Risk Factors:

  • Being female
  • Preexisting mental illness
  • Family history of mental illness
  • Absence of coping skills
  • Poor support system
  • History of trauma, abuse, neglect, or victimization

Signs and Symptoms

Signs and symptoms of PTSD

Depending on the type of trauma, the level of support around a person, and the sufferer’s age, the signs and symptoms of PTSD can presently differently. Indicators that an individual is struggling with posttraumatic stress disorder are:

Re-experiencing symptoms:

  • Invasive memories pertaining to the trauma
  • Recurring nightmares about the trauma
  • Physical indicators like profuse sweating, exerted breathing, or rapid heart rate
  • Flashbacks that cause a person to feel as though the trauma is happening again

Avoidance symptoms:

  • Decreased interest in things, experiences, or places that were once enjoyed
  • Pervasive feelings of hopelessness
  • Memory blocks about the trauma
  • Evading places, situations, or people reminiscent of the trauma
  • Feeling detached from the rest of the world

Hyperarousal symptoms:

  • Increased agitation
  • Inflated startle response
  • Feeling jumpy or on edge
  • Disproportionate irritability
  • Inability to sleep
  • Fears of imminent doom
  • Poor concentration
  • Drastic fluctuations in mood


Effects of PTSD

Untreated symptoms of PTSD can cause unsurmountable damage to a person’s life. Ongoing presence of symptoms can lead to the possibility of experiencing:

  • Demise of marriage or partnership
  • Decrease in quantity and quality of relationships with others
  • Decline in academic or occupational functioning
  • Loss of employment
  • Chronic pain
  • Disordered eating
  • Suicidal thoughts
  • Attempts to complete suicide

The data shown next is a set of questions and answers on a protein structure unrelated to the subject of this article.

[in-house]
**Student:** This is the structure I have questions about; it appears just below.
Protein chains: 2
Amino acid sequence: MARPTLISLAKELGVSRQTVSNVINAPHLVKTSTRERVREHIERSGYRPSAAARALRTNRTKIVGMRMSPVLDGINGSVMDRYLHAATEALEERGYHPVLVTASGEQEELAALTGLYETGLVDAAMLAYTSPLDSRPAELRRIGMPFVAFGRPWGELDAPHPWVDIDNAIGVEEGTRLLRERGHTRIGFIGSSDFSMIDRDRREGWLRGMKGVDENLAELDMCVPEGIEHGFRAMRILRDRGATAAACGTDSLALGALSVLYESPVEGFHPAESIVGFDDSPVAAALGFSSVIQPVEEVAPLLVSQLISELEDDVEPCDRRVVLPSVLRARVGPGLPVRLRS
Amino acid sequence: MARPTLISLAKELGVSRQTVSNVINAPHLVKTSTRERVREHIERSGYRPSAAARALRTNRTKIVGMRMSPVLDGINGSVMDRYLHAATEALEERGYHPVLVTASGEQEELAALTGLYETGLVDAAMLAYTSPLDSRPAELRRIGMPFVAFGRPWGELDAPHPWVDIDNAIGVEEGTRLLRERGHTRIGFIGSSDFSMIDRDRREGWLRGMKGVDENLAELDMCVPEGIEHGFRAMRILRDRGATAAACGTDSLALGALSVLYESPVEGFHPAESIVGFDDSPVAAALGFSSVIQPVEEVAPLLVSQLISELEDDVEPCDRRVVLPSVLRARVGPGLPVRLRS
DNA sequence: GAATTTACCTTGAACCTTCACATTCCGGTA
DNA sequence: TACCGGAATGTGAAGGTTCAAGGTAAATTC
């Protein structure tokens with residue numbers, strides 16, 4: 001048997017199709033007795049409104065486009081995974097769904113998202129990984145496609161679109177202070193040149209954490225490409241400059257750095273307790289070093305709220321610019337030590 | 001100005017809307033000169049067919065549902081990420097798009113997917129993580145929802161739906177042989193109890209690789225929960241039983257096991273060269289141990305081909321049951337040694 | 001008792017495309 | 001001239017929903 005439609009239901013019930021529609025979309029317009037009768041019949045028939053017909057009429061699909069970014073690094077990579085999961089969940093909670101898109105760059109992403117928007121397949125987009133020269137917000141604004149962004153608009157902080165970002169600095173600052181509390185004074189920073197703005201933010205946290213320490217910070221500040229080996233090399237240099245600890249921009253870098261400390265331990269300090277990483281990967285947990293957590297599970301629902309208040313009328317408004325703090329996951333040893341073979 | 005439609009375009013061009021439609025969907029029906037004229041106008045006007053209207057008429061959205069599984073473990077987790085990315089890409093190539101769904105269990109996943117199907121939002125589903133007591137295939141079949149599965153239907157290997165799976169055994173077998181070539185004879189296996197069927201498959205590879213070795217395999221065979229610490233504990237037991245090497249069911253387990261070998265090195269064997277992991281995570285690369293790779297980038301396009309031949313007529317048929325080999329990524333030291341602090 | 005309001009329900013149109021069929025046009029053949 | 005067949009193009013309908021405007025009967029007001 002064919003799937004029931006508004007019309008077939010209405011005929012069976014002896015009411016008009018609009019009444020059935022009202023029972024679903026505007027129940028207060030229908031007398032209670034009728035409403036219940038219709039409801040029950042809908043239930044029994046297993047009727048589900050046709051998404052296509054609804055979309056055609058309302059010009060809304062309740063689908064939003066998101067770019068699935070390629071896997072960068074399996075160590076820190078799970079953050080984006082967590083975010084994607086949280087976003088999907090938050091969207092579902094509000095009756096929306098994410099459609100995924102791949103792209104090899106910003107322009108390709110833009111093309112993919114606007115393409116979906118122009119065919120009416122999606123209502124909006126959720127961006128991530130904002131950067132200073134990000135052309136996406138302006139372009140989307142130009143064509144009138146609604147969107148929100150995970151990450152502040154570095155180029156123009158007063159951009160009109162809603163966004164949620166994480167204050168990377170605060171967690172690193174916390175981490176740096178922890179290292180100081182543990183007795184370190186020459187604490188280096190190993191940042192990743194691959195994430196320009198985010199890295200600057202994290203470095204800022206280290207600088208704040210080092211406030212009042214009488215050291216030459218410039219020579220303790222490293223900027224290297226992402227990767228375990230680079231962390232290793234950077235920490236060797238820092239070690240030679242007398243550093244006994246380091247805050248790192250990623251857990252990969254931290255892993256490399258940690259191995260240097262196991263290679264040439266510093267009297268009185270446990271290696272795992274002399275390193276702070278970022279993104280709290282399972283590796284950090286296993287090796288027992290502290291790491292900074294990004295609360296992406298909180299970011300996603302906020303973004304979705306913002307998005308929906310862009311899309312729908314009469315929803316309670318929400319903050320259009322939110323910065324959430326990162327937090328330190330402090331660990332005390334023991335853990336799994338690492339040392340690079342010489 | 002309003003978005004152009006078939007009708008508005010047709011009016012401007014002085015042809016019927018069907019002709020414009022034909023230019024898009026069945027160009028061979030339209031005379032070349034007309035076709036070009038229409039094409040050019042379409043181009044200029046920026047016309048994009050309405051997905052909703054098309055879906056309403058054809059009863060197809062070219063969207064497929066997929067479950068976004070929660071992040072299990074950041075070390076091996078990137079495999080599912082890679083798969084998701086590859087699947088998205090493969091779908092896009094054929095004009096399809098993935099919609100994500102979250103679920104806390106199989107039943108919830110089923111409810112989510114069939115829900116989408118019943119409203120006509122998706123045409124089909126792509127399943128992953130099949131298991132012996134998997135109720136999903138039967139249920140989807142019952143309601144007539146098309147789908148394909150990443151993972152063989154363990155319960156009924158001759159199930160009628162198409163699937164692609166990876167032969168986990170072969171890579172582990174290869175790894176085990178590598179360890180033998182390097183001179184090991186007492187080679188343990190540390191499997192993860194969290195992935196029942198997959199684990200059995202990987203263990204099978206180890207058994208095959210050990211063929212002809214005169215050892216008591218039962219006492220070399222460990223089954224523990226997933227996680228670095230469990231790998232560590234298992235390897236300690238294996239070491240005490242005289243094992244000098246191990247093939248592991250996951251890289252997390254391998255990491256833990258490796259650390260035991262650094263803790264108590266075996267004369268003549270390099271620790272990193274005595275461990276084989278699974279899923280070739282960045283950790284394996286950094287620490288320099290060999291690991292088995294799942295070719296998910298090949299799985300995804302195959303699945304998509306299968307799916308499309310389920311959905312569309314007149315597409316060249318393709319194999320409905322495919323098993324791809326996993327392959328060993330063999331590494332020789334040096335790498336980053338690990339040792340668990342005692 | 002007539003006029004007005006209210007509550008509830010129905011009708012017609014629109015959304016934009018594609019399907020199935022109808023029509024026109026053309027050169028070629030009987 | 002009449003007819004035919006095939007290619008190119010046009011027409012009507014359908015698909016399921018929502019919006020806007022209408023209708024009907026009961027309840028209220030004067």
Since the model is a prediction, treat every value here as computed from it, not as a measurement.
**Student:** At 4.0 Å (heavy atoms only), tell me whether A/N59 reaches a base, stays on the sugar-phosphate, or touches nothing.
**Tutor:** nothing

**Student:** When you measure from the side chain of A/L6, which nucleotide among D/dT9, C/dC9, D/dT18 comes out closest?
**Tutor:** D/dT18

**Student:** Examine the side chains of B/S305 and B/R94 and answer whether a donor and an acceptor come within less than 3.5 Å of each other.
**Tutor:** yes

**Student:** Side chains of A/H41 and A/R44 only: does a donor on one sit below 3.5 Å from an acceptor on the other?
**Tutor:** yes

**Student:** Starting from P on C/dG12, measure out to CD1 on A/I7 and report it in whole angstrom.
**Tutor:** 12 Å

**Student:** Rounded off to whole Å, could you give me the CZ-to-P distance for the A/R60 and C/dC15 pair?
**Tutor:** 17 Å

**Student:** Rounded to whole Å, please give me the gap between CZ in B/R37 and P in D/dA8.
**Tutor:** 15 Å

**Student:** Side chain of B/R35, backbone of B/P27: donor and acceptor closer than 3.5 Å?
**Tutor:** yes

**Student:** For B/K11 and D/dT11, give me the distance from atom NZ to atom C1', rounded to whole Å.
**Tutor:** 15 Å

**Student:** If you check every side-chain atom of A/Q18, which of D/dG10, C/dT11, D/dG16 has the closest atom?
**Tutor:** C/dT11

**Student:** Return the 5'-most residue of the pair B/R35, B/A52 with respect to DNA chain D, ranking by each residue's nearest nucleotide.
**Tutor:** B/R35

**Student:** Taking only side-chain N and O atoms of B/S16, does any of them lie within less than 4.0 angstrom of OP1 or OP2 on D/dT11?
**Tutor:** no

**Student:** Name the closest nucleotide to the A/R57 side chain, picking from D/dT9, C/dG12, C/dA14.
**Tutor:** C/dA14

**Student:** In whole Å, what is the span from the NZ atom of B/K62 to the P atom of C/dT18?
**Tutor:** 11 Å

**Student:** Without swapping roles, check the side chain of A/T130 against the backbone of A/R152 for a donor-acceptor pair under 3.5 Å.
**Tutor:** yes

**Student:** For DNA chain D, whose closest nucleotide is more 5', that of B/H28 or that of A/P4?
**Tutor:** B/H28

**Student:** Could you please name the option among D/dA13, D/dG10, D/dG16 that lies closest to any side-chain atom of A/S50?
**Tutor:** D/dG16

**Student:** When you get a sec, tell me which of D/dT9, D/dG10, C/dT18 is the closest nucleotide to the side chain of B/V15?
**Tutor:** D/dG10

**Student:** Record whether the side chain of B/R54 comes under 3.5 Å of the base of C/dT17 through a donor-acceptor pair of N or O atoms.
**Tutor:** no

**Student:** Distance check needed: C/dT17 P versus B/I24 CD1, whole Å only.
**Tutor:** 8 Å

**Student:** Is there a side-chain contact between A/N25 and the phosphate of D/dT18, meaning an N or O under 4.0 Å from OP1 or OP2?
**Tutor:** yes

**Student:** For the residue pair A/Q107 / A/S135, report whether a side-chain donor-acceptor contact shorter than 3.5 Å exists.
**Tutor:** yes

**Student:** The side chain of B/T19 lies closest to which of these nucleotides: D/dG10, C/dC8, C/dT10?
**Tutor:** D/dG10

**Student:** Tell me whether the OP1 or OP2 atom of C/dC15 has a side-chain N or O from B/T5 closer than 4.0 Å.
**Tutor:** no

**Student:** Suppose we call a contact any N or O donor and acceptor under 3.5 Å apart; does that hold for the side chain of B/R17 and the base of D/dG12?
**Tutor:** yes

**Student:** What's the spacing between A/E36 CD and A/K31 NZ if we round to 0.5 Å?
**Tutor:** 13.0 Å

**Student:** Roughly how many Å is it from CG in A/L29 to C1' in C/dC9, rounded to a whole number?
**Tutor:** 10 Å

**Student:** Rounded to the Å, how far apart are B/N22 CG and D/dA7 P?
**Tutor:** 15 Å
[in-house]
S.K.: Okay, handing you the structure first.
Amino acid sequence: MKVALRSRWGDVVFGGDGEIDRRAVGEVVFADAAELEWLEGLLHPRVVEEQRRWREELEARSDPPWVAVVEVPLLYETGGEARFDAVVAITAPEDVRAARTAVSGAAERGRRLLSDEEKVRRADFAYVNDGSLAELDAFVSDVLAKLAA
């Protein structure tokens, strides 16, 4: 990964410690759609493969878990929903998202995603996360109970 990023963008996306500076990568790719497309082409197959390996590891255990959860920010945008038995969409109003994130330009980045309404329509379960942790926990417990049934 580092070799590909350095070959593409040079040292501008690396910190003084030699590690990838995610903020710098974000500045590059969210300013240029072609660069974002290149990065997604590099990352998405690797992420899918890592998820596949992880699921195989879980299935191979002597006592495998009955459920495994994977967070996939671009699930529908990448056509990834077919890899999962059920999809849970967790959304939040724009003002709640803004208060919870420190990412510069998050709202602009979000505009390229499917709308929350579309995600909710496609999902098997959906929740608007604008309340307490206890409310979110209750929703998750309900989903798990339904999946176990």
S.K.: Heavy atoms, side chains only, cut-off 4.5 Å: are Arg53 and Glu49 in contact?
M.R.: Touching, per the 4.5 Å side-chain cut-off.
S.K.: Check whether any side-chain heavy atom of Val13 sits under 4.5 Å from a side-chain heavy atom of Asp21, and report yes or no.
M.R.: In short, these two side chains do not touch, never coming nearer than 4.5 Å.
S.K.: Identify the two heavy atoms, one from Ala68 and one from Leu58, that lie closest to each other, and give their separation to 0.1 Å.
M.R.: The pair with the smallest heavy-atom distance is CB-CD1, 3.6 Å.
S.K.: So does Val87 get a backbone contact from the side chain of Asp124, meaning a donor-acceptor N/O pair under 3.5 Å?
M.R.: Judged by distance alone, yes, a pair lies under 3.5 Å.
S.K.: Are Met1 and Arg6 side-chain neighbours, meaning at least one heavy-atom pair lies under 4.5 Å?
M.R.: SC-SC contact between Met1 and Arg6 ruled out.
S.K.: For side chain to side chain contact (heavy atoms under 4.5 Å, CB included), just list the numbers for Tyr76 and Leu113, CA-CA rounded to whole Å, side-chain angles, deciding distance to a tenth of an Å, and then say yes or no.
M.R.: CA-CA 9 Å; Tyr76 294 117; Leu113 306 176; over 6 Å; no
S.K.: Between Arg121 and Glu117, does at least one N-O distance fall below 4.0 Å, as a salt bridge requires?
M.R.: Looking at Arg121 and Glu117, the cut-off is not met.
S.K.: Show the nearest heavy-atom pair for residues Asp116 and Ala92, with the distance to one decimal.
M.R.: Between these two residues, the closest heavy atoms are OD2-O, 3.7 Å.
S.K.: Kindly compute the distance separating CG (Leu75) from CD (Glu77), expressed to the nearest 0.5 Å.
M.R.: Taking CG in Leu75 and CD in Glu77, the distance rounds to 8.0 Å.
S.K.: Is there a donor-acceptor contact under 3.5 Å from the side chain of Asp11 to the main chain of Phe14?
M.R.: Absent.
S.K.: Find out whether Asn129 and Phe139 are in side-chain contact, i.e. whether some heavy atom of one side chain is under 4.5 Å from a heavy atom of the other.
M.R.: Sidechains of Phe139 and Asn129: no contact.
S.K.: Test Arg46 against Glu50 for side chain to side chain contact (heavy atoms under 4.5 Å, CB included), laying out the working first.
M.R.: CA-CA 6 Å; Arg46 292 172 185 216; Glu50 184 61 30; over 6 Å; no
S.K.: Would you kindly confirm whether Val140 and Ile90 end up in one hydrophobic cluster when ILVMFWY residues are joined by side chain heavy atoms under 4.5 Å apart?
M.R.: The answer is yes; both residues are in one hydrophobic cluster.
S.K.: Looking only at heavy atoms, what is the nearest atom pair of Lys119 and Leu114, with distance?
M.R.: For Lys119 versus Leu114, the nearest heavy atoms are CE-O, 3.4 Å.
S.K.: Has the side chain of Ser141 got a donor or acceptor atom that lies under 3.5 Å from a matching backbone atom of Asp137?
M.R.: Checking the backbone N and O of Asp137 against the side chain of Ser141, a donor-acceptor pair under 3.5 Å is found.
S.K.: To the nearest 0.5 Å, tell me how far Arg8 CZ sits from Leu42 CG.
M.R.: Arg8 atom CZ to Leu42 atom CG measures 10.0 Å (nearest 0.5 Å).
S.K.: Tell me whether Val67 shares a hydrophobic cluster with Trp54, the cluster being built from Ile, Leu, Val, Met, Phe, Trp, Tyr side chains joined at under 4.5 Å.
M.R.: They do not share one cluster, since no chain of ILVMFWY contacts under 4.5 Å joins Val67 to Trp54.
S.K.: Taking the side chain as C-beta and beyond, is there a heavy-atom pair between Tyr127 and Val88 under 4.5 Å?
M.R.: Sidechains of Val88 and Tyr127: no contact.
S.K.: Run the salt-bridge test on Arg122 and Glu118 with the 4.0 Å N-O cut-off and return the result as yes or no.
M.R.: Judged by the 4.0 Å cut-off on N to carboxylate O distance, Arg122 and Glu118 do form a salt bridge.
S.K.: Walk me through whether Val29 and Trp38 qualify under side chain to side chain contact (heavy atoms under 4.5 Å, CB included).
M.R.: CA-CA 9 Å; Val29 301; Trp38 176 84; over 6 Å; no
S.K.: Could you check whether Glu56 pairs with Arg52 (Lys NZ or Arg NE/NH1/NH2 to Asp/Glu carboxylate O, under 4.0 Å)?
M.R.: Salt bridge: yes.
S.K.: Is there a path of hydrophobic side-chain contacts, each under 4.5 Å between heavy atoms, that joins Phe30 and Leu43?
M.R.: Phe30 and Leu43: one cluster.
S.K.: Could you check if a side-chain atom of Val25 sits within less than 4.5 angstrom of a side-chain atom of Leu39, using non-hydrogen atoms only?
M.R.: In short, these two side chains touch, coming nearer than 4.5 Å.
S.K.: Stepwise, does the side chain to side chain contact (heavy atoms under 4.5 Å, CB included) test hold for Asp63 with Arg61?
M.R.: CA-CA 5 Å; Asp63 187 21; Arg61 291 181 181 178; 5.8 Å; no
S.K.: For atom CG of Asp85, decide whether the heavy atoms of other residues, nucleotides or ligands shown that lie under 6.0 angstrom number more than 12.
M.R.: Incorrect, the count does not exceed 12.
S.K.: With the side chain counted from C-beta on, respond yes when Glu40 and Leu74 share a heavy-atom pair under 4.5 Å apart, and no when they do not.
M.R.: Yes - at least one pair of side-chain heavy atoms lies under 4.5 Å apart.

Co-Occurring Disorders

 PTSD and co-occurring disorders

Because a number of posttraumatic stress disorder’s symptoms overlap and have the potential of inducing symptoms of other disorders, it is common for an individual to receive an additional diagnosis of another mental illness. The following are other mental health conditions that can co-occur in a person with posttraumatic stress disorder:

  • Obsessive-compulsive disorder
  • Social anxiety disorder
  • Depressive disorders
  • Specific phobias
  • Panic disorder
  • Non-suicidal self-injury
  • Suicidal ideation
  • Substance use disorders
what past clients say

Before getting help, I had spent almost 7 years dealing with a past trauma on my own. It wasn't until I started on a downward spiral that my family helped me see that what I actually needed was professional help. StoneCrest helped me learn how to be happy again instead of just getting through each day. I owe this place everything.

– A former client
Marks of Quality Care
  • Mental Health America Bell Seal for Workplace Mental Health 2023 - Gold Recipient
  • MPRO Governor's Award of Excellence 2017-2019
  • National Alliance on Mental Illness (NAMI)
  • The Joint Commission (JCAHO) Gold Seal of Approval